Being a smaller operation, the company doesn’t have a dedicated call center to fall back on, he said. However, when a guest calls a property, the guest is further down the funnel and willing to make a reservation, or at least the intent is much higher, he said.

The company performed an analysis a few years ago to determine where it could see a better return, he said. One option was to send its calls to brand call centers in different cities, he said, but the company found it could convert guests for higher rates through calls directly at the property level. Hotel staff were able to answer the questions potential guests had better because they knew the properties and nearby communities so well, he said.

“Our staff located on property can describe the rooms better than anyone we could train on a remote basis,” he said.

Being able to have that personal level of engagement brings in the human touch, Hopgood said. Online sales are easy, but for guests, it’s one click and they’re gone, he said. When they call the property, sometimes the staff is on the phone with them for up to 40 minutes answering their questions, he said. Creating that connection and level of comfort lays the groundwork for potential upselling opportunities when the guests arrive on property, he said.

Training and recruiting
Lang said the call center she oversees in the North Atlantic region of Canada is “a seasoned sales force,” with an average tenure of about 10 years and some agents who will celebrate their 25th year in 2020. Turnover at the call center is low, she added.

Having a team that understands guest engagement starts at the selection process, she said. The company has several different tools it uses during the recruiting process and doesn’t sacrifice hiring the right candidate for the job just to put someone in a seat, she said.

One measure AccorHotels takes of potential employees is emotional intelligence, which is needed to make that connection with guests and determine the guests’ individual needs, she said.

“Now there really is an emphasis on making an emotional connection,” she said. “We continue to make improvements with those results. Every call is an individual call. People want to feel like they’re very special.”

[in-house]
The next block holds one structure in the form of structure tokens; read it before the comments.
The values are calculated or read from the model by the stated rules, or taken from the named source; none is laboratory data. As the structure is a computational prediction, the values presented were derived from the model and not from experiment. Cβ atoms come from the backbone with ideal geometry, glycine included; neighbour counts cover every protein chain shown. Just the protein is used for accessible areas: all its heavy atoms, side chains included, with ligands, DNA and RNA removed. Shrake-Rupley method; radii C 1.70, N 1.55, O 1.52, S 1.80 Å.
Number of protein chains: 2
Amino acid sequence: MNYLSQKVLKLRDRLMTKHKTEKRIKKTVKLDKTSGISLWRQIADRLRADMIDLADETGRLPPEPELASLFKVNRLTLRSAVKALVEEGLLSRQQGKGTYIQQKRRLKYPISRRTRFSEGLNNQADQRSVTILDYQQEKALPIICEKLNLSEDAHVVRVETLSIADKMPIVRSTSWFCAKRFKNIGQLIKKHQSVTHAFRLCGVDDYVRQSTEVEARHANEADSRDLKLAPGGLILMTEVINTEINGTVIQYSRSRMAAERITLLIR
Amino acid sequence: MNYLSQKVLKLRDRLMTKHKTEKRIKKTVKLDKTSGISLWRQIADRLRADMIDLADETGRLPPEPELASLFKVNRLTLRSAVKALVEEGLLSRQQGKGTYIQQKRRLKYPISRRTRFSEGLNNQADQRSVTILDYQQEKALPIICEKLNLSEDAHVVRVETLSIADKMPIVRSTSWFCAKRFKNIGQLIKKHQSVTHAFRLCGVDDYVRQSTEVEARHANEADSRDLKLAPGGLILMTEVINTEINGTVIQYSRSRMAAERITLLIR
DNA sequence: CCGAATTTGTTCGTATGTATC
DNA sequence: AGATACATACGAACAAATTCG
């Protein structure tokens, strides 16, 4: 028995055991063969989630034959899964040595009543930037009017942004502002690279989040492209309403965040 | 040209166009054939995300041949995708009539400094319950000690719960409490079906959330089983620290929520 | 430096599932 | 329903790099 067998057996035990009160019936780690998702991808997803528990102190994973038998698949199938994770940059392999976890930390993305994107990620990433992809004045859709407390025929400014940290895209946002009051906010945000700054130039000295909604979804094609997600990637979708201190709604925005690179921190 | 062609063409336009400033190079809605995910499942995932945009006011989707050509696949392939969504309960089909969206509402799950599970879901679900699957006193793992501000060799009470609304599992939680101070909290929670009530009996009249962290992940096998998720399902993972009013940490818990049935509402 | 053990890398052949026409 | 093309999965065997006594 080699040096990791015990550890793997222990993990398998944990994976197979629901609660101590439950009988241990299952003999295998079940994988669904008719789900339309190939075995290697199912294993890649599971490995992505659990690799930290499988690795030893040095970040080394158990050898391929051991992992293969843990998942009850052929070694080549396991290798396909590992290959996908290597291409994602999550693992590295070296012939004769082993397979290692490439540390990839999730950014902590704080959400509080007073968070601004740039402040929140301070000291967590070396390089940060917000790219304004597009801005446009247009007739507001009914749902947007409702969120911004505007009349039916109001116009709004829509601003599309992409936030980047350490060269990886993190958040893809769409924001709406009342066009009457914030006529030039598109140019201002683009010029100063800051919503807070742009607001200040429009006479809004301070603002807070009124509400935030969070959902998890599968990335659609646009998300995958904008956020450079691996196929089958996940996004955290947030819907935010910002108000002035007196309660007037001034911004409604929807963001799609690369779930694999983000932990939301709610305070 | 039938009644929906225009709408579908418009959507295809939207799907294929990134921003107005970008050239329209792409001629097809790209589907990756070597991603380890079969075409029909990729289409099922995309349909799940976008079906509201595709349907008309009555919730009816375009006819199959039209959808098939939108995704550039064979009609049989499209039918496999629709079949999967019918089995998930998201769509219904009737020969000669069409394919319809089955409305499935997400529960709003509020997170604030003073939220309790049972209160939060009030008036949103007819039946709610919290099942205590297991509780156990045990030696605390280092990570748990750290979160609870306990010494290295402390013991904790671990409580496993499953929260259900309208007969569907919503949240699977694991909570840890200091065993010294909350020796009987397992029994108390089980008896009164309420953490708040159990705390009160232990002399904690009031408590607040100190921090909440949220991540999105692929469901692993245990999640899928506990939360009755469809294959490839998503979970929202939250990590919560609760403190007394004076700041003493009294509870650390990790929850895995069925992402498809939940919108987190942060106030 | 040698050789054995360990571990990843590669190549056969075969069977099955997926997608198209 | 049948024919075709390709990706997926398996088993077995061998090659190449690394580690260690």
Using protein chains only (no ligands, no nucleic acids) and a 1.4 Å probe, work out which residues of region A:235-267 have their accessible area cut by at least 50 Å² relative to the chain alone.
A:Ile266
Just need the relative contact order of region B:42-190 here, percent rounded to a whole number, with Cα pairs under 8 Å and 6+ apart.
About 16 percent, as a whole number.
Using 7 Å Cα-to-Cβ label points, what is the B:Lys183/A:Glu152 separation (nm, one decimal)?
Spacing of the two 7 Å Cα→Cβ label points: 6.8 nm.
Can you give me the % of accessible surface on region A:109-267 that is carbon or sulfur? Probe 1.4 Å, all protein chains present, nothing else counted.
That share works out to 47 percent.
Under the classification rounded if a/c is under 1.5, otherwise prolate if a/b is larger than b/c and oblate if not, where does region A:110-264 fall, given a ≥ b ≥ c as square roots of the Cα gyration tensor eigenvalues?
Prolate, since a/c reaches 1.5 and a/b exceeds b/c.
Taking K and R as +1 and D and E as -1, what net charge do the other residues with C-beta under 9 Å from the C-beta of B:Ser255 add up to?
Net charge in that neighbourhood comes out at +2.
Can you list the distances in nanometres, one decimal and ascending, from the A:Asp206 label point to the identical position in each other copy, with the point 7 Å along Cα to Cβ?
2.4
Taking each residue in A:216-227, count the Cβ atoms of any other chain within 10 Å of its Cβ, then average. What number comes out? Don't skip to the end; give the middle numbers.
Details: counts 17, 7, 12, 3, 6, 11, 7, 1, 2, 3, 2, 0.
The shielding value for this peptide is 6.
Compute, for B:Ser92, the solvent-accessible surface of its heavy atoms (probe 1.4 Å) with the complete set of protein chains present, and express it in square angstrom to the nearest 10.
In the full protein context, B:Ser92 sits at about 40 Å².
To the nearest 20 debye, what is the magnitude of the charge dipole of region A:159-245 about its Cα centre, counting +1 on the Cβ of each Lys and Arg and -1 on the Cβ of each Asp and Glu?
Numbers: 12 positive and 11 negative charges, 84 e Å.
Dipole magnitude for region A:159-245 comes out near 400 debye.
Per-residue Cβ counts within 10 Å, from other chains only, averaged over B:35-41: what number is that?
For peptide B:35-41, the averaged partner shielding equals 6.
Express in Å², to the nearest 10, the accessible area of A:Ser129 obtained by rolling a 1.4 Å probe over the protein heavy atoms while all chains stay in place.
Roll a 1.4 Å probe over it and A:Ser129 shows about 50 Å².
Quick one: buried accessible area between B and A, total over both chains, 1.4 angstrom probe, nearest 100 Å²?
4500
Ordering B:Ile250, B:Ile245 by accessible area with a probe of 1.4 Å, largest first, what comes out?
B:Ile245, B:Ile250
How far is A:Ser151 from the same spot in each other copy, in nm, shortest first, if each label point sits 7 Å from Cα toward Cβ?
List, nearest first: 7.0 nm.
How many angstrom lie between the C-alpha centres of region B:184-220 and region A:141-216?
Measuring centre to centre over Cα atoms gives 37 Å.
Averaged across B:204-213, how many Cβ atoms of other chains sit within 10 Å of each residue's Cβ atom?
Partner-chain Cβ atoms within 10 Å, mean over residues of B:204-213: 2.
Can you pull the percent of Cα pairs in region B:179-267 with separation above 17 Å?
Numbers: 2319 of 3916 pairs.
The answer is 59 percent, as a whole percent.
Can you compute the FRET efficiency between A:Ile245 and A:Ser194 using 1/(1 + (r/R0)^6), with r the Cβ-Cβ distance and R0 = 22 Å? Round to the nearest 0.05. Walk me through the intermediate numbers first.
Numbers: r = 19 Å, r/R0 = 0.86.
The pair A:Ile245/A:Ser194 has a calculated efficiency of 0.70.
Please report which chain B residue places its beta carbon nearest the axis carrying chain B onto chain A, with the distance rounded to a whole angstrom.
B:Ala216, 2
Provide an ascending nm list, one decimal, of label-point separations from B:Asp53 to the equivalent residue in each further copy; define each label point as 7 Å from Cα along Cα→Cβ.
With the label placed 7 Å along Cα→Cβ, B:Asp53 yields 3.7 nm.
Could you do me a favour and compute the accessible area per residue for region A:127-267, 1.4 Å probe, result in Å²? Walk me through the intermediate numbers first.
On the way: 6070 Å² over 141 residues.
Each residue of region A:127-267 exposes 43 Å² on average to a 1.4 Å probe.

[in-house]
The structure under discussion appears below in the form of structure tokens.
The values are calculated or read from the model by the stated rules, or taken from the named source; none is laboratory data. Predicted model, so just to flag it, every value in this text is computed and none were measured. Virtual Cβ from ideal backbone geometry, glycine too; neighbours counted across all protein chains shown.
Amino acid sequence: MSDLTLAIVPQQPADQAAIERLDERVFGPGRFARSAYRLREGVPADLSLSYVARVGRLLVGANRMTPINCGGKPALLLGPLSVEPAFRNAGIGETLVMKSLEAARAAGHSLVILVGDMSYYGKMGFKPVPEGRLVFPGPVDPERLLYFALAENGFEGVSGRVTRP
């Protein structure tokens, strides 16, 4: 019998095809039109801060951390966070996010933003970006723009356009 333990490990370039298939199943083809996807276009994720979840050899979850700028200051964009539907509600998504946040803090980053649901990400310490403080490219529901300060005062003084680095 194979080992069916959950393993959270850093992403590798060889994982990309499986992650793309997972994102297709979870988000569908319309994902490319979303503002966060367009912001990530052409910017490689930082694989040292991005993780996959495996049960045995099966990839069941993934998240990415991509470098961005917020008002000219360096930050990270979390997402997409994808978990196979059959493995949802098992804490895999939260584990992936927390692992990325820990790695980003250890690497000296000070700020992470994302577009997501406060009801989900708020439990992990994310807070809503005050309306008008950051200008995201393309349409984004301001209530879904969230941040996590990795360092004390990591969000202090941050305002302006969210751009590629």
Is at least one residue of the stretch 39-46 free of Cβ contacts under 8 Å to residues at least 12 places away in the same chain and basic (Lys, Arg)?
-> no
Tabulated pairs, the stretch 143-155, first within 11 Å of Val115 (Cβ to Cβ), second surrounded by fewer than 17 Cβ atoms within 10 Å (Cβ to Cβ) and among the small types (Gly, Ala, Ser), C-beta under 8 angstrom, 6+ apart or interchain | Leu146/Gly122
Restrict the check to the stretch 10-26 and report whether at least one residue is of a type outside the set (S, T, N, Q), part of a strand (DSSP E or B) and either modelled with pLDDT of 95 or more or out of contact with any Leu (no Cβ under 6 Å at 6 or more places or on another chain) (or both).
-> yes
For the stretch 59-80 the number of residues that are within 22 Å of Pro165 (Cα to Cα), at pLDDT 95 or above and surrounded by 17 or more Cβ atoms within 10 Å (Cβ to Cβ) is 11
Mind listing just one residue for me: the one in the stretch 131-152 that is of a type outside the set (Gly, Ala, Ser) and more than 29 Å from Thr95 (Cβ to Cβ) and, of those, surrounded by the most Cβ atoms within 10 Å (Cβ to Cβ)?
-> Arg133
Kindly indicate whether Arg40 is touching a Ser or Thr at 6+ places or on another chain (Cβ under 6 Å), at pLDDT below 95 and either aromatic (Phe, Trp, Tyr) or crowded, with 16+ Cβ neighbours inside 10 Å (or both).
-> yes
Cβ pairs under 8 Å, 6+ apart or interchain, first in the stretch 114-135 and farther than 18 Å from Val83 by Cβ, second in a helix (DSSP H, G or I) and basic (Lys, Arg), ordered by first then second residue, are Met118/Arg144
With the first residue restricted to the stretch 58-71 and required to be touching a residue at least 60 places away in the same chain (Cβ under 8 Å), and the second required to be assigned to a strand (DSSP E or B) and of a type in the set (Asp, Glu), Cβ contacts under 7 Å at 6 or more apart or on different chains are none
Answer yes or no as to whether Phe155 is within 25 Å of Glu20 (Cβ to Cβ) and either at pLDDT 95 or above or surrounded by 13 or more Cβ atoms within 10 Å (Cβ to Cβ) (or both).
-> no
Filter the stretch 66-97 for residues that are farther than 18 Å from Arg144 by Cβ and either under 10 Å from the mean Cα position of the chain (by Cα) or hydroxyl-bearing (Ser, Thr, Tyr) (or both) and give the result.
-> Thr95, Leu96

Her call center has a seasoned trainer who was previously a reservation sales agent, Lang said. New hires spend 21 days in a training environment, and as they progress with their orientation and become more acquainted with the operations, software directs certain call types to them, she said.

Ongoing training for the team also includes sending agents out to hotels in the system. The company sends about 100 sales team members each year to properties, where they gain first-hand knowledge to improve their interactions and responses to guests’ questions, Lang said.

The importance of engagement
Managers should train their employees to understand a phone call from a guest is important and not just an interruption, said Doug Kennedy, founder and president of Kennedy Training Network. Guests who call to make a reservation or ask a question tend to be more emotionally invested in their travel plans, he said. They will search online for a local number to speak with an on-site person, he said.

Hotel brand companies are biased to online reservations because those are the easiest measures, he said, but brands should pay more attention to phone call reservations, as they are a big factor, particularly in boutiques, resorts, soft brands and other collections.

At the property level, staff should be aware of any brand-level online promotions, he said. Too often a brand will send out a digital email blast, website promotion or social media posting without making sure it’s been communicated to the people answering the phones, he said.

Person-to-person interaction can also create channel conversions, Kennedy said. Guests sometimes show up at the front desk or call in to say they were looking online and found a lower rate through an online travel agency and wanted to know if the hotel could either match or beat that rate, he said.

Most OTA agreements require rate parity across published channels, he said, but most of those don’t apply to one-on-one direct channels and allow for some variance. Thus, a front-desk associate should understand the numbers behind what would be the best decision for the hotel, he said.

“A lot of guests perceive the in-house, on-site reservations will give you the best deal,” he said. “They will ask you, ‘Can you match this rate? Can you beat this rate?’ There is no reason why you couldn’t either at least match or probably provide a lower rate or some other kind of incentive, like a free drink, breakfast or room preference.”